Actually, yes, given the way that figure is defined, I find it believable. Discouraged workers don't show up in it, and are increasing tremendously -- apparently the drop to 5.6% was more due to 300,000 discouraged workers than the 112,000 new jobs.

Posted by: cmdicely on February 9, 2004 04:22 PM


Brad, you are exactly right. Check out the handy chart over at Billmon's for validation of your theory of origins for this fucked up forecast.

The pattern is very clear. Each year the administration has in mind a number that they have to say they'll reach by '04. The number is slightly higher than the status of employment when Bush took office. They then forecast a linear trajectory to reach this end cap goal for '04. Each year their forecast doesn't pan out and is wildly off the mark. So what do they do? Turn around and do the exact same thing the next year. Check it out. Truly amazing stuff.

Posted by: manyoso on February 9, 2004 04:32 PM


Actually, it's not totally unthinkable that so many jobs could be created so fast.

Mostly, but not totally.

Massive demand-side tax cuts combined with calling in a few favours and getting some of the biggest employers to increase their rates of growth a lot..

A lot.

Maybe the latter is what they have planned. That they plan to call in a few favours and reverse it that way. If this is the plan..the question is..why not sooner?

Don't answer that. Stupid question.

Posted by: Karmakin on February 9, 2004 05:22 PM


One can safely presume they assumed this kind of exercise would be conducted. Therefore, they don't care. Favorable first-glance headlines are more important than credible economics. Blow-dried news anchors are more important than pointy-headed economists.

What's annoying is, behind this smokescreen, which eventually will be blown away, they're busy undermining our sources of economic growth and strength for the short-term benefit of their cronies. And to the extent they're called on anything, they're called on the smokescreen, rather than on their catastrophic mismanagement.

Posted by: bleh on February 9, 2004 05:26 PM


Productivity goes from 3.4% to ZERO??? LOL What a weasel!!!

They figure that productivity has been increasing so rapidly it cannot continue. Productivity gains stop tomorrow!

Posted by: bakho on February 9, 2004 05:28 PM


Now we just need you or someone to track the actual against the projection (graphically) from now until November ...


Posted by: Pilot on February 9, 2004 06:02 PM


I noticed today that something has changed about the way the news media report this -at least drive time radio news. After announcing the forecast the main Bay Area station had short comments from four economists -from liberal and conservative think tanks, Wall Street, and an academic. All four had the same reaction: a confusing forecast, the most charitable interpretation of which still seems very unrealistically -maybe laughably- high.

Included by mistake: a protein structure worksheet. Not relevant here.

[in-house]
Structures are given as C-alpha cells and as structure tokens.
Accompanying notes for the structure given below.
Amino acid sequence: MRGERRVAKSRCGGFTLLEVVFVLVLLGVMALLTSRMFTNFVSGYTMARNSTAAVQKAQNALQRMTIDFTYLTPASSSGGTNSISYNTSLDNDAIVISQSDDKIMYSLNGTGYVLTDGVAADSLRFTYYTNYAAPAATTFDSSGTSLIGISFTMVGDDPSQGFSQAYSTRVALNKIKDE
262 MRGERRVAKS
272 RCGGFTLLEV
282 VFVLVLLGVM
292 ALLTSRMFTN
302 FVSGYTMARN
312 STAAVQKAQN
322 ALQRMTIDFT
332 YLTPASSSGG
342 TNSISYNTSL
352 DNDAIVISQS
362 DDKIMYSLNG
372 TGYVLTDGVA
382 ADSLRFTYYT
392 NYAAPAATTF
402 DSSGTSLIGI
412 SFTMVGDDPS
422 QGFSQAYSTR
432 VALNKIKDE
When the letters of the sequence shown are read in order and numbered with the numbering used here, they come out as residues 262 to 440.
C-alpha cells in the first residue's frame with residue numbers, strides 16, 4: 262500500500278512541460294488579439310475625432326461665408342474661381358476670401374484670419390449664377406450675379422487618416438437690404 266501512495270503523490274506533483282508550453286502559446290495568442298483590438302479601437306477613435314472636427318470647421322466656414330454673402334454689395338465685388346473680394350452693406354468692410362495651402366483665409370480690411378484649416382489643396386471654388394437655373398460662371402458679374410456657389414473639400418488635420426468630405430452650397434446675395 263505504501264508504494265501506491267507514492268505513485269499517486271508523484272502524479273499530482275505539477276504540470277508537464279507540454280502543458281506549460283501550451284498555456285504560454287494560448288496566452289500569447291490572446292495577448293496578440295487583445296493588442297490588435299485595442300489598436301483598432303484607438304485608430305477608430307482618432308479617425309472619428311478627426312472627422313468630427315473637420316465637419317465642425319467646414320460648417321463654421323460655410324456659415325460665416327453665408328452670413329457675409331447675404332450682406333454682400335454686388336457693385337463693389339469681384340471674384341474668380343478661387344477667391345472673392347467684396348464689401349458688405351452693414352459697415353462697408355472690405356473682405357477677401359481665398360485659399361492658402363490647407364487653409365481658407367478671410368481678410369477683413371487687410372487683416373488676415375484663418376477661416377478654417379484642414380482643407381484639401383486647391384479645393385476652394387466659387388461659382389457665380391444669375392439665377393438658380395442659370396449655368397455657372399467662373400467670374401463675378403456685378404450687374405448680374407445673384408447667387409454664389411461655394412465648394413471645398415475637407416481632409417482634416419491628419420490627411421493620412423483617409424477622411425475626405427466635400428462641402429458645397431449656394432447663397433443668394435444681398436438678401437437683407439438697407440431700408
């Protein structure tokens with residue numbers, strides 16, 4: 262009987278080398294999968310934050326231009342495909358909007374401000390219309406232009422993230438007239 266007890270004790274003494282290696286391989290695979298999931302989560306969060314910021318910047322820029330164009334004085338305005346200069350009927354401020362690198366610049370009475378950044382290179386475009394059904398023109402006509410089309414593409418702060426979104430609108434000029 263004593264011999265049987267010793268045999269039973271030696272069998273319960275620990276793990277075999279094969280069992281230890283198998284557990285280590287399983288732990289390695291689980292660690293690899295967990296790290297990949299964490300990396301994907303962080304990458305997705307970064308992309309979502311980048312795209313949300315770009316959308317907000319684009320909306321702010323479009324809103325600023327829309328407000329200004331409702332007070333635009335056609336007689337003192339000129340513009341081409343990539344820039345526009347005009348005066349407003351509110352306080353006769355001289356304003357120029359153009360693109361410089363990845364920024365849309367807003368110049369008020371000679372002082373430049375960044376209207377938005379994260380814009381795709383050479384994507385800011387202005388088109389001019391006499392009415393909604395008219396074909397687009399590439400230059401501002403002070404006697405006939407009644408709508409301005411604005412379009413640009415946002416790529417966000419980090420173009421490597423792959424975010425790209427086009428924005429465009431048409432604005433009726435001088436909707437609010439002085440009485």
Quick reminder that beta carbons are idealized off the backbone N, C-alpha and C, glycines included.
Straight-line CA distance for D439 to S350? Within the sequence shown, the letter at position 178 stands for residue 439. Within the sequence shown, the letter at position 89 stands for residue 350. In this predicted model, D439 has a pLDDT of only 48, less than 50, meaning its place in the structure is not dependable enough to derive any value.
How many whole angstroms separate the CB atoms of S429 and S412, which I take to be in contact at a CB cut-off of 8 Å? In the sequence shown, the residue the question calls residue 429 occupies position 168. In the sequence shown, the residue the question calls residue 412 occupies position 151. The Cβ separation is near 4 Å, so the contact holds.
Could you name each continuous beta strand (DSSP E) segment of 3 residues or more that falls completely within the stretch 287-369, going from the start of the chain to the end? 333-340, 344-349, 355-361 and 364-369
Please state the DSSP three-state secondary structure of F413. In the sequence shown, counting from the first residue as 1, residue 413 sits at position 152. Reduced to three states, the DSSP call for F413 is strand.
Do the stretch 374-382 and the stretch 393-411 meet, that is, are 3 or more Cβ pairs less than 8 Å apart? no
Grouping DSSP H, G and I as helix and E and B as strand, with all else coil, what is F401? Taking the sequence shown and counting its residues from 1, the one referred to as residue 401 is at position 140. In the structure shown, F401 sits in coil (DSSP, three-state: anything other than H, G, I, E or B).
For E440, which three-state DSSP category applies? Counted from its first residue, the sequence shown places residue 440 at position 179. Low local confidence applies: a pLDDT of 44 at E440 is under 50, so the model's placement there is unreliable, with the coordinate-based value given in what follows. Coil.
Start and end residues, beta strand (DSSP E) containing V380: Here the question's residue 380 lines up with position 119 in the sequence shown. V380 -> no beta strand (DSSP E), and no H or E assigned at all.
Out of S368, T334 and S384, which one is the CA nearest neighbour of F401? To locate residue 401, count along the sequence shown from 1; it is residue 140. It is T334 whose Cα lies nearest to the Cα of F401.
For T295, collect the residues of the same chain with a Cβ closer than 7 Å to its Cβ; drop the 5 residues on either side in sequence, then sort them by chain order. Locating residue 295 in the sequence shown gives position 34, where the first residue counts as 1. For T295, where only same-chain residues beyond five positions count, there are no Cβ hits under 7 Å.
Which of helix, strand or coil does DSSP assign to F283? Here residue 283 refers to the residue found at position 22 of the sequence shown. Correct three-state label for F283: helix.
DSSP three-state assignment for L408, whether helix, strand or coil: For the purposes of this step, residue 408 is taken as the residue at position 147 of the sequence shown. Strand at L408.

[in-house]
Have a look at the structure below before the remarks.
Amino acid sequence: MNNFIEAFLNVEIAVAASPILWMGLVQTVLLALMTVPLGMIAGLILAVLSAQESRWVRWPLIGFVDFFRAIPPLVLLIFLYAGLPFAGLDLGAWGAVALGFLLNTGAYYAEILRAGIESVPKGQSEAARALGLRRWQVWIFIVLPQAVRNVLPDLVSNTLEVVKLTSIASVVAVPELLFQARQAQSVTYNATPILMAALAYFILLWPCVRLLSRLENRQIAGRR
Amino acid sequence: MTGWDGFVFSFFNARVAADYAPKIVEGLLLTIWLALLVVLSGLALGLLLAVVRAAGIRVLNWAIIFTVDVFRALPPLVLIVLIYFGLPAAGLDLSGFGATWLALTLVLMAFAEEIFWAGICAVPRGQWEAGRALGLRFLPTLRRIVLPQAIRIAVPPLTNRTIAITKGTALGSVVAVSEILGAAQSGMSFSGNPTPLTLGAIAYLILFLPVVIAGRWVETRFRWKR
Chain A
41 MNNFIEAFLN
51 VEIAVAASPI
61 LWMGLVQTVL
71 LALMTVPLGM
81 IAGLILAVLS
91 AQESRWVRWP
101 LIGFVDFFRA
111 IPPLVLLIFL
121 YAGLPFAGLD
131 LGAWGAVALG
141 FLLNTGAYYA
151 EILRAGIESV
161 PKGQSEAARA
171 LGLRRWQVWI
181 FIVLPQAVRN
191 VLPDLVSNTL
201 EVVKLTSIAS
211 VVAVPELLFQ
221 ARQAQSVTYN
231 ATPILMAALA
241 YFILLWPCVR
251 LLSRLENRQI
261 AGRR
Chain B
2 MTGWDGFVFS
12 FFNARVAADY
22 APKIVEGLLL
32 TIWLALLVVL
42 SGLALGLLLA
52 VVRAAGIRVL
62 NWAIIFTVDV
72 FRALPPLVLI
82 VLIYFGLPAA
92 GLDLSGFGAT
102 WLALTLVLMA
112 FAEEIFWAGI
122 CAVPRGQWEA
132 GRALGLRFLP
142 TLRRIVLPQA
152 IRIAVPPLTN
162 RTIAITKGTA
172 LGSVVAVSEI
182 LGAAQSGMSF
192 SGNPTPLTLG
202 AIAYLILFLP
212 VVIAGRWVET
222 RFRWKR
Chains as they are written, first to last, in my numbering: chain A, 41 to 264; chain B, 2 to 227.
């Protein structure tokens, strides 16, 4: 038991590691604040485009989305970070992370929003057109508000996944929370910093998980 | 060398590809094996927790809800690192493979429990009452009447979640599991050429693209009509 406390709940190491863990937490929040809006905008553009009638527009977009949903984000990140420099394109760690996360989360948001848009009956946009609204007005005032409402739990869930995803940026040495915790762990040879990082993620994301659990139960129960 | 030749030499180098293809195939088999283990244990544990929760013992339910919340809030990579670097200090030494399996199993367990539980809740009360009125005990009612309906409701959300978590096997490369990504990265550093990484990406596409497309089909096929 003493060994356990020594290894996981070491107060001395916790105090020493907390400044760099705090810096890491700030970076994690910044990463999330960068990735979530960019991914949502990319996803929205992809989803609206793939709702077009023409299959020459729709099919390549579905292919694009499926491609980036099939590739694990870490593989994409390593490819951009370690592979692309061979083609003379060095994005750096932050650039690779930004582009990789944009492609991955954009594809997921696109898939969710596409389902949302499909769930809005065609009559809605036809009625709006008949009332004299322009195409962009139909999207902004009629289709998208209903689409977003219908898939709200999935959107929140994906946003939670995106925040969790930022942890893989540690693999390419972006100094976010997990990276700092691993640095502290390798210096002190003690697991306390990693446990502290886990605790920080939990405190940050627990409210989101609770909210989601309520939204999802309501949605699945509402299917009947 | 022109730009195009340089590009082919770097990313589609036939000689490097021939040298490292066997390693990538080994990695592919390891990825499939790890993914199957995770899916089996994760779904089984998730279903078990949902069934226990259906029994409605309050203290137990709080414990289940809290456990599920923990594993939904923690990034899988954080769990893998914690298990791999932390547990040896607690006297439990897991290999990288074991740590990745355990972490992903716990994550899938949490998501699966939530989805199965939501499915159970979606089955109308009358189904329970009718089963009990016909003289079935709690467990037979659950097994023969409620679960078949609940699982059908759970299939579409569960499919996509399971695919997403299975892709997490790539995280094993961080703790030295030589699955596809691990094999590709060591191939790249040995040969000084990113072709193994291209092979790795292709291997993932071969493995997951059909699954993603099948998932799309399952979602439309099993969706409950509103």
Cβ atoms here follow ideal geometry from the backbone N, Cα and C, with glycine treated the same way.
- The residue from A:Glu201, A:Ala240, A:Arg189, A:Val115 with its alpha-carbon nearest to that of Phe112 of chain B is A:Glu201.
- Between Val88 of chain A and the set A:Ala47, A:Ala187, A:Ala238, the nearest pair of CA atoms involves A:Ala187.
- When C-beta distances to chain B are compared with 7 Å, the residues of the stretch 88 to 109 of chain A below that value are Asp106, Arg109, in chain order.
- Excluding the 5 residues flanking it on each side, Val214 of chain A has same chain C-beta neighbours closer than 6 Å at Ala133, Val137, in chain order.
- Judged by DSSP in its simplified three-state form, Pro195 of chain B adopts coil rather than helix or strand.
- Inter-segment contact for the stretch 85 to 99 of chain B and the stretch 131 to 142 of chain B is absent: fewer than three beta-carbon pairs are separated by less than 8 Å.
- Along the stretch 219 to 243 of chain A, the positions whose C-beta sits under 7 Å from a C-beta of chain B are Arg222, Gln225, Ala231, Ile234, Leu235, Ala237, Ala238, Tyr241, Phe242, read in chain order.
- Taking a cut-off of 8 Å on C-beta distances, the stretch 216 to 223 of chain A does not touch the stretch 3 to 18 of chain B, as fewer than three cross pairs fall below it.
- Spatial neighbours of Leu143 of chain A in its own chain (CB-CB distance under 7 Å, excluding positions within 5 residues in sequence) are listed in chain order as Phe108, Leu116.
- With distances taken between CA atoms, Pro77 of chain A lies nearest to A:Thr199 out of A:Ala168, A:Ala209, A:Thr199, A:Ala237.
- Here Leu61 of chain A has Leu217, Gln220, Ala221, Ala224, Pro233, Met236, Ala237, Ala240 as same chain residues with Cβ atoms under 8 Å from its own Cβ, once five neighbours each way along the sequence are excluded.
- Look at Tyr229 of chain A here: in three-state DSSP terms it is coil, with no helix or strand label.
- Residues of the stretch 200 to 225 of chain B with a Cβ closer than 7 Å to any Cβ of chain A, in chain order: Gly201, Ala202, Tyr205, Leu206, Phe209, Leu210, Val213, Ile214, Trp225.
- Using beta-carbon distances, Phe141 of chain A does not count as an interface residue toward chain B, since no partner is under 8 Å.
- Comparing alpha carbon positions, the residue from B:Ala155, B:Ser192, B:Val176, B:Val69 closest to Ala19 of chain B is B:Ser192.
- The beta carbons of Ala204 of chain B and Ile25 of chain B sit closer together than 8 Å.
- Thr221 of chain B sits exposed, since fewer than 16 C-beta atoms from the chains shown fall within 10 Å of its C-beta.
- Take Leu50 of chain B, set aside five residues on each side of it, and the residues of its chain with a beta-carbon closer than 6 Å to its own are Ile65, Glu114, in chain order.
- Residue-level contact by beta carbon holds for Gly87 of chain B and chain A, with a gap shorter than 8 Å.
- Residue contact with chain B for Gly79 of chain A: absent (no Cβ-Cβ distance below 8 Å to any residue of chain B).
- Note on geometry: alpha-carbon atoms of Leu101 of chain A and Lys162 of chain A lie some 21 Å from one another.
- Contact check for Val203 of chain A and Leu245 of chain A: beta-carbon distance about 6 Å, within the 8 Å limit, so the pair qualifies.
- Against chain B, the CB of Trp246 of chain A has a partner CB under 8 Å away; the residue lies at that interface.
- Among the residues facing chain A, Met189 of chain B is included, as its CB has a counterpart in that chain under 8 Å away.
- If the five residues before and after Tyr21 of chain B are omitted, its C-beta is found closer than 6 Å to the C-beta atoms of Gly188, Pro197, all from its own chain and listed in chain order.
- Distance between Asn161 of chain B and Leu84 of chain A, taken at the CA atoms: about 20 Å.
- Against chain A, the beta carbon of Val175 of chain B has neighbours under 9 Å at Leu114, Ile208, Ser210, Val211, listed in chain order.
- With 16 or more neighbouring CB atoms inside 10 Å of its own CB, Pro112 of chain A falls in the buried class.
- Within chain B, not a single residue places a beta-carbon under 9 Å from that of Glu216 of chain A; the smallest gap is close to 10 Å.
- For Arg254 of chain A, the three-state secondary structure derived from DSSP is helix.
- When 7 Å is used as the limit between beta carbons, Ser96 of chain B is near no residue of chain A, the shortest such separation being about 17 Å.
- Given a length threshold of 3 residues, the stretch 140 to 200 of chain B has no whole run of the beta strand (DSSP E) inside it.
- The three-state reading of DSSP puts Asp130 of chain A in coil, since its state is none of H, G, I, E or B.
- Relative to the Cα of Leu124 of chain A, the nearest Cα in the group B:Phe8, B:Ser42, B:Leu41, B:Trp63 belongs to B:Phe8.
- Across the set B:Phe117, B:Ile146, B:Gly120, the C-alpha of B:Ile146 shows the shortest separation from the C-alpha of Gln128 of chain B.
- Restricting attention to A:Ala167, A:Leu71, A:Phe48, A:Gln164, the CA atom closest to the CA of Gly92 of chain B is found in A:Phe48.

This approach might keep up until BushCo produces some economic forecasts that are someplace in the ball park.
Maybe the US Admin has dipped into the "How DARE you!? Of course we are credible" well one time too many. Anyway, the change was very noticeable, and -for me at least- bracing.

Posted by: jml on February 9, 2004 06:24 PM


Has Okun's Law beem repealed?

Posted by: Knut Wicksell on February 9, 2004 06:26 PM


Has Okun's Law been repealed?

Posted by: Knut Wicksell on February 9, 2004 06:28 PM


I remember some 2003 posts here saying that Okun's law is out of for this recovery. So what would have to happen with Okun's law for the CEA analysis to be accurate?

I guess it would take at least four or five scenarios to answer that, but I am curious about it.

I think Okun's law requires that there be a stable background growth rate in productivity that stays the same on average, and that is a big unknown right now.

Posted by: jml on February 9, 2004 06:41 PM


It could happen. Now that the G-7 has agreed to let the dollar plummet and with Wal-Mart squeezing even its Chinese suppliers to decrease their costs, we could soon see millions of new subminimum wage jobs stocking shelves and cleaning floors being created.

Posted by: Stan on February 9, 2004 06:42 PM


"Check out the handy chart over at Billmon's for validation of your theory of origins for this fucked up forecast. The pattern is very clear. Each year the administration has in mind a number that they have to say they'll reach by '04. The number is slightly higher than the status of employment when Bush took office. They then forecast a linear trajectory to reach this end cap goal for '04. "

Whoa there -- be careful how you interpet the chart. It shows forecasted PERCENTAGE job growth, not forecasted ABSOLUTE job growth, which means that 2%+- growth projected for 2004 equals progressively smaller payroll totals in each successive forecast -- because of the failure to meet PREVIOUS projections.

In reality, the job growth forecasted in the first Bush budget for the first Bush term was even more ludiciously high than the current forecast (although we didn't know it at the time because we weren't yet three years into the most jobless recovery in American history.)

It is true, however, that no Bush administration forecast has EVER projected negative job growth for his entire term -- which was a reasonable assumption two years ago but is looking pretty, ah, stretched right now.

Posted by: billmon on February 9, 2004 06:48 PM


Great, great stuff.

The crux is the point made in the posting that it came down to a political choice: either (a) tell the truth and say at the beginning of the 2004 campaign that Bush expects to end his first term with fewer jobs than he started. Herbert Hoover all over, with a $200 billion war in Iraq and fat cats with tax cuts to boot. Dead-solid certain election year loser.